This weekend I had a vision of the computer I wanted: something small and light enough to take anywhere but running Mac OSX. The closest thing available on the market was the iPad, but that wasn't what I craved. The typepad was annoying and the OS was dumbed down, so I hacked a Mac Netbook out of a 10 inch wide Dell Mini. I've never done anything like that before and my knowledge of the inner workings of electronics is extremely limited, but the process was immensely rewarding.
It fills me with a sense of pride that can't be ordered on Amazon. To have a vision of something that doesn't readily exist and to make it exist through work: that's the impulse that lead me to art when I was younger.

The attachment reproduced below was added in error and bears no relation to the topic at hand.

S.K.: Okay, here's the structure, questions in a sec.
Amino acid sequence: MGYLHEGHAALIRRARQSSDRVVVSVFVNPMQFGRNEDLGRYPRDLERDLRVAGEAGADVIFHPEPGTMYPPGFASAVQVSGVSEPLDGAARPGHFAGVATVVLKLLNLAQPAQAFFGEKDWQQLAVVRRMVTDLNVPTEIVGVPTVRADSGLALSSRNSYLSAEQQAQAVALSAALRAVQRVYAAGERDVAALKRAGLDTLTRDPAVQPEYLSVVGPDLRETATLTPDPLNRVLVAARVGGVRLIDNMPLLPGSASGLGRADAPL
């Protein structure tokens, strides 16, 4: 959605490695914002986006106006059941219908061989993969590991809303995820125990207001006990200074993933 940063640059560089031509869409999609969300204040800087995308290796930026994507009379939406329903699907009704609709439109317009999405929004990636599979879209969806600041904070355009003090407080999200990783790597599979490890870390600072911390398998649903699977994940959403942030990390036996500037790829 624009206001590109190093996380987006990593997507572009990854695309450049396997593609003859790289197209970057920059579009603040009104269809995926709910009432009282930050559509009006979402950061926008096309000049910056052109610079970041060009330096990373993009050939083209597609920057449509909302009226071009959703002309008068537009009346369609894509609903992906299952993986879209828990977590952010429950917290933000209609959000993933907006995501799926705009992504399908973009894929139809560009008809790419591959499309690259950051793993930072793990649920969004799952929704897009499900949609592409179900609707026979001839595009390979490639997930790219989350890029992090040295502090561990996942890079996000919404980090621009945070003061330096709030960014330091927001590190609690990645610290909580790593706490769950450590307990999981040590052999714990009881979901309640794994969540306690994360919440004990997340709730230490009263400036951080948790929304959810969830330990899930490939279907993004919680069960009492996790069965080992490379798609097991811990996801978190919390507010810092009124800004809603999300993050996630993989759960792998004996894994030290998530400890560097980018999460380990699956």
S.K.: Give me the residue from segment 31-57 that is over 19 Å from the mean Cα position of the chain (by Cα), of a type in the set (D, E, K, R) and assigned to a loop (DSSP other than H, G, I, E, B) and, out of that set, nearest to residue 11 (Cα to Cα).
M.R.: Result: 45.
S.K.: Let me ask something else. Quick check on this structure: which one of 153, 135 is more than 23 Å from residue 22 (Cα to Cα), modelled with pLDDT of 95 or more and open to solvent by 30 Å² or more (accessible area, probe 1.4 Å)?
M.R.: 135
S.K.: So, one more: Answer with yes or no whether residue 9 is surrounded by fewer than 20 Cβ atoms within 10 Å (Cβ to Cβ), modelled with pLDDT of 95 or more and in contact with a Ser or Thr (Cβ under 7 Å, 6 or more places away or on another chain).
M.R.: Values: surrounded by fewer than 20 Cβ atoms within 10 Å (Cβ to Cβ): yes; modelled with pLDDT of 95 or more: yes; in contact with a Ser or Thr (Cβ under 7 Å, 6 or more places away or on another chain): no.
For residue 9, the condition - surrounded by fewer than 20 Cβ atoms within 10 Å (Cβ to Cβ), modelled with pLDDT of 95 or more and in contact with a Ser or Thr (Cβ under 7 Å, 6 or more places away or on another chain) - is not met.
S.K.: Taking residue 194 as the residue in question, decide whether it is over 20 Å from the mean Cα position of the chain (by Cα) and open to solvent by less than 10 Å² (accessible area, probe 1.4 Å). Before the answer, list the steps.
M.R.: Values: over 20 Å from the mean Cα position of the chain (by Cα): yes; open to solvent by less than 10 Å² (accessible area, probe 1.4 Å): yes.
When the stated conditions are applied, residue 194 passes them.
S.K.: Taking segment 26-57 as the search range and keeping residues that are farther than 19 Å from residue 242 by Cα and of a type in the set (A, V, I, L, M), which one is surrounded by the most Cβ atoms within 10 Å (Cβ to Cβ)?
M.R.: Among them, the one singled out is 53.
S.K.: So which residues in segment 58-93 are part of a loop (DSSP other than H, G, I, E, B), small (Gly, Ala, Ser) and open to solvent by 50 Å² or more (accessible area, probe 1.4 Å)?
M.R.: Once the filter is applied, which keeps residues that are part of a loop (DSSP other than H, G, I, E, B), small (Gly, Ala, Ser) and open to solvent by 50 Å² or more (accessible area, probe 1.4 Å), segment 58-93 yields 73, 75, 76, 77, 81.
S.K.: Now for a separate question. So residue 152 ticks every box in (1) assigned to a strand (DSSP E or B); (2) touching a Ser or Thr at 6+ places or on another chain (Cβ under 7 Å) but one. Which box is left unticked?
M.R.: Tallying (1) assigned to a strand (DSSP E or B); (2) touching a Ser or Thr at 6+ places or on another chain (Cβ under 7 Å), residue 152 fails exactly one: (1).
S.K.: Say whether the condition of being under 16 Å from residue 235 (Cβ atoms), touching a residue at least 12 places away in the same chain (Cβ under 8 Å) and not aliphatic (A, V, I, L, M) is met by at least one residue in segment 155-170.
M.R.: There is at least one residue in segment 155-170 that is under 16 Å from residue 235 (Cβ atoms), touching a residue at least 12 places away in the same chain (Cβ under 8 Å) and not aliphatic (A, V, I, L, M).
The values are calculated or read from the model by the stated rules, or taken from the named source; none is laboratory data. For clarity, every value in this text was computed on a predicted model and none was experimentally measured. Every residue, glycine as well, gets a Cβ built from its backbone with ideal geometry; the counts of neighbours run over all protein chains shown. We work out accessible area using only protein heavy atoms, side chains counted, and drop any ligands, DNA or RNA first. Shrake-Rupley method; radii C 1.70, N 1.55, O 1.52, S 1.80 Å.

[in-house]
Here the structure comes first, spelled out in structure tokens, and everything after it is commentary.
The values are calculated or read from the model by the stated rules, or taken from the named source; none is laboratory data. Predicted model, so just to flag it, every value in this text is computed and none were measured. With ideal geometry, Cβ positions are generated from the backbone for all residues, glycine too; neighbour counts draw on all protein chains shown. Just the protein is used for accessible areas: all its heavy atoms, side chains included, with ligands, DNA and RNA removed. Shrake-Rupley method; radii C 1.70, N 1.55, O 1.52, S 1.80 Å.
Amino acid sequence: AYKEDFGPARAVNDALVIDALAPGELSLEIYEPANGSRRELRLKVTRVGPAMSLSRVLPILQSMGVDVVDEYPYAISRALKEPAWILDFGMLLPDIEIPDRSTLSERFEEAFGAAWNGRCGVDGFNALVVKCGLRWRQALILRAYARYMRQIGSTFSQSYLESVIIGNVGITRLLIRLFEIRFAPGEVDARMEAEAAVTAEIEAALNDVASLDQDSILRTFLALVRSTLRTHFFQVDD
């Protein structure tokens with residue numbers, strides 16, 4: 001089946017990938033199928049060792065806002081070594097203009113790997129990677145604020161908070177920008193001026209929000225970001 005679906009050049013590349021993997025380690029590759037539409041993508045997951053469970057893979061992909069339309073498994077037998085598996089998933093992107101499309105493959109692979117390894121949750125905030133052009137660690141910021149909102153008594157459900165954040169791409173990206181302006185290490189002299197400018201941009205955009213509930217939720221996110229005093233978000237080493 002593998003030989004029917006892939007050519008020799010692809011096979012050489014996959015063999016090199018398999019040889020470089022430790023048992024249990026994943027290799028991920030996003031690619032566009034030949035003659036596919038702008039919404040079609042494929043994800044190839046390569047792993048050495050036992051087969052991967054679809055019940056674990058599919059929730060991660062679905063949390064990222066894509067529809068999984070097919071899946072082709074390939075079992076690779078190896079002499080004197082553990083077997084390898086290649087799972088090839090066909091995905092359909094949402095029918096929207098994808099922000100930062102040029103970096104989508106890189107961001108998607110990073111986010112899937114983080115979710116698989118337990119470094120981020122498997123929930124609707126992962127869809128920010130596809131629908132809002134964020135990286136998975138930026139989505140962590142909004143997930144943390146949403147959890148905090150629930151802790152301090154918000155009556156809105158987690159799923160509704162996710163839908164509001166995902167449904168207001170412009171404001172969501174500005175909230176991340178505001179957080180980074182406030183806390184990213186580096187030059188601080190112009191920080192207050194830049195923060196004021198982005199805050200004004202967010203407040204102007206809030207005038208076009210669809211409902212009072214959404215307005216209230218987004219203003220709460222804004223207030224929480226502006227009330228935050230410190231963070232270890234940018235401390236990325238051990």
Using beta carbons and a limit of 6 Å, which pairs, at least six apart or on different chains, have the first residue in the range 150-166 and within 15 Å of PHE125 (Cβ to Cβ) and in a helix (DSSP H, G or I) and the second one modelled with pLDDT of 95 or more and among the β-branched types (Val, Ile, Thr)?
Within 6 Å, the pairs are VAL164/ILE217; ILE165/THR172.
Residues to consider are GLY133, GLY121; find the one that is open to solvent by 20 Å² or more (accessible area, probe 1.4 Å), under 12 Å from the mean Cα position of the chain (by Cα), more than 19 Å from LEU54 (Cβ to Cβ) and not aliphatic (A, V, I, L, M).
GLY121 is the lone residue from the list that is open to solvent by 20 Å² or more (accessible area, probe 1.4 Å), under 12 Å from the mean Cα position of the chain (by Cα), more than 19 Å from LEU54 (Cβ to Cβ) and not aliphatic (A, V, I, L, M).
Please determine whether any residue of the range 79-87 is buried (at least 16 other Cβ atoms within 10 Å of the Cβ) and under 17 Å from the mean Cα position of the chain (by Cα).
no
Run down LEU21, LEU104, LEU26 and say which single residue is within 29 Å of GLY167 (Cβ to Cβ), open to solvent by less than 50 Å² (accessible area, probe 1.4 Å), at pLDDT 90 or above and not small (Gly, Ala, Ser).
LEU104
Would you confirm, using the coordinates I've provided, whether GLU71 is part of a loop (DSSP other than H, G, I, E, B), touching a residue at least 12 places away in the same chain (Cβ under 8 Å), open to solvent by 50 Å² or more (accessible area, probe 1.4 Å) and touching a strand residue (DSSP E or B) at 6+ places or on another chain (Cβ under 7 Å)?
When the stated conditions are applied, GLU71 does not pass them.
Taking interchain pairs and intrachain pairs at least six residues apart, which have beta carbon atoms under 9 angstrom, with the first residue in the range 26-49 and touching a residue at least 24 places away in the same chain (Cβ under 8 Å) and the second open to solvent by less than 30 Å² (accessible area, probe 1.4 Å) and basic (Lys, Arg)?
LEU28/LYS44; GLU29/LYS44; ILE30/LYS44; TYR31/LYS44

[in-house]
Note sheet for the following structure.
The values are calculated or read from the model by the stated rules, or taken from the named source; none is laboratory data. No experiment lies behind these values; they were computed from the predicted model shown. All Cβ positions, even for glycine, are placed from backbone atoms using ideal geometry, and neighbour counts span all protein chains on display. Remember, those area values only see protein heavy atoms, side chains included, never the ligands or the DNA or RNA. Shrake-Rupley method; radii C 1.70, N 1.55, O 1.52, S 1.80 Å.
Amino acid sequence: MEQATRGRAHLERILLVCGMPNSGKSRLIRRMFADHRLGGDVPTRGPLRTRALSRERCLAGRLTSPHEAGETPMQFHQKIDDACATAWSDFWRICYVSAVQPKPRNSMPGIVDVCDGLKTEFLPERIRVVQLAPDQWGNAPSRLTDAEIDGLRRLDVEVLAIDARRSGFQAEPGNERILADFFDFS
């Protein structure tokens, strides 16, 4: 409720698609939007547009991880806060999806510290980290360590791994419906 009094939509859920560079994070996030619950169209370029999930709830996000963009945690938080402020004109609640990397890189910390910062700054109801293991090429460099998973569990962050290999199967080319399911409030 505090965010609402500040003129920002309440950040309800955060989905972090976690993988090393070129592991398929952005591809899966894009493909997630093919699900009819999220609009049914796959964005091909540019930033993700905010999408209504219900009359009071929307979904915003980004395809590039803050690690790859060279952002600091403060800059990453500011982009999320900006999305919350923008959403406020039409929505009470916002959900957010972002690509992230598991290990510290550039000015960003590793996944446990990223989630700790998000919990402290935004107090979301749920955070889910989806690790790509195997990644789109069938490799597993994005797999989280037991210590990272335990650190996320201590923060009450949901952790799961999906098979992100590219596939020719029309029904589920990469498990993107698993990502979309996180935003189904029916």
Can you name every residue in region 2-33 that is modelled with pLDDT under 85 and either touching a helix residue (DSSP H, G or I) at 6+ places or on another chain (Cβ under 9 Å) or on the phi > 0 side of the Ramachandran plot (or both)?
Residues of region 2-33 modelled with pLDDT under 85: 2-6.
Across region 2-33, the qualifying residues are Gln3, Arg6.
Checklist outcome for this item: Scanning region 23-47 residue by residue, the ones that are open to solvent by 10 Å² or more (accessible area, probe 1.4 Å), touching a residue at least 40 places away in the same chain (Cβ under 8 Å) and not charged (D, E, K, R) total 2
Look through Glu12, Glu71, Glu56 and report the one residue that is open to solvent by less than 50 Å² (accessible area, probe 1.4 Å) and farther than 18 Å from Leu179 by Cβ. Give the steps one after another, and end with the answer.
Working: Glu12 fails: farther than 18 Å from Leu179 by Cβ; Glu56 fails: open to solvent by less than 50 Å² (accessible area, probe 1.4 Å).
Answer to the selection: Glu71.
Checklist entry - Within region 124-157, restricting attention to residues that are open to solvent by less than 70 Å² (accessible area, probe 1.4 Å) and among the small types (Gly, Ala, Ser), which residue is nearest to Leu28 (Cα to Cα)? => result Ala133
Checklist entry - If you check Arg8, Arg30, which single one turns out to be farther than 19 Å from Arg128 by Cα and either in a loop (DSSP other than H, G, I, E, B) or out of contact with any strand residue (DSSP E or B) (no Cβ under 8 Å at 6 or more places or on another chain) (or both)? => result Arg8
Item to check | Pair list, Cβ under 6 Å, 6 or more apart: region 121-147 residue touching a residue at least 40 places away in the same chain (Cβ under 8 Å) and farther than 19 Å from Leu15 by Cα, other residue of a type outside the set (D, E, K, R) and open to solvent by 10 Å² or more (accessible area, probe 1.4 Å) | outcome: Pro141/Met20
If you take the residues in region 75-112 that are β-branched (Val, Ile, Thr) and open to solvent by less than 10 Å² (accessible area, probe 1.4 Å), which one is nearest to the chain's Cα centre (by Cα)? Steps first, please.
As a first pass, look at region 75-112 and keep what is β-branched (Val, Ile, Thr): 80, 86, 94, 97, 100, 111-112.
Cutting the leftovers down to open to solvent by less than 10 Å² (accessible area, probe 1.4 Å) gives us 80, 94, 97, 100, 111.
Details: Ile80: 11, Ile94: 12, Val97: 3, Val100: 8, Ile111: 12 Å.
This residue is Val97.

Since I received my art degree 10 years ago, I have constantly second guessed creation's greater importance to society, but I do believe that the process of making something is extremely valuable to individuals. Molding a mental image into something physical is a kinetic reminder that life is not a multiple choice exam. You don't have to use a number 2 pencil. You don't have to fill in the bubbles perfectly. You can improvise some origami and fold that answer sheet into a hot air balloon or fighter jet and fly far far away. Land in a distant country where every ingredient is abundant and nothing is on the menu.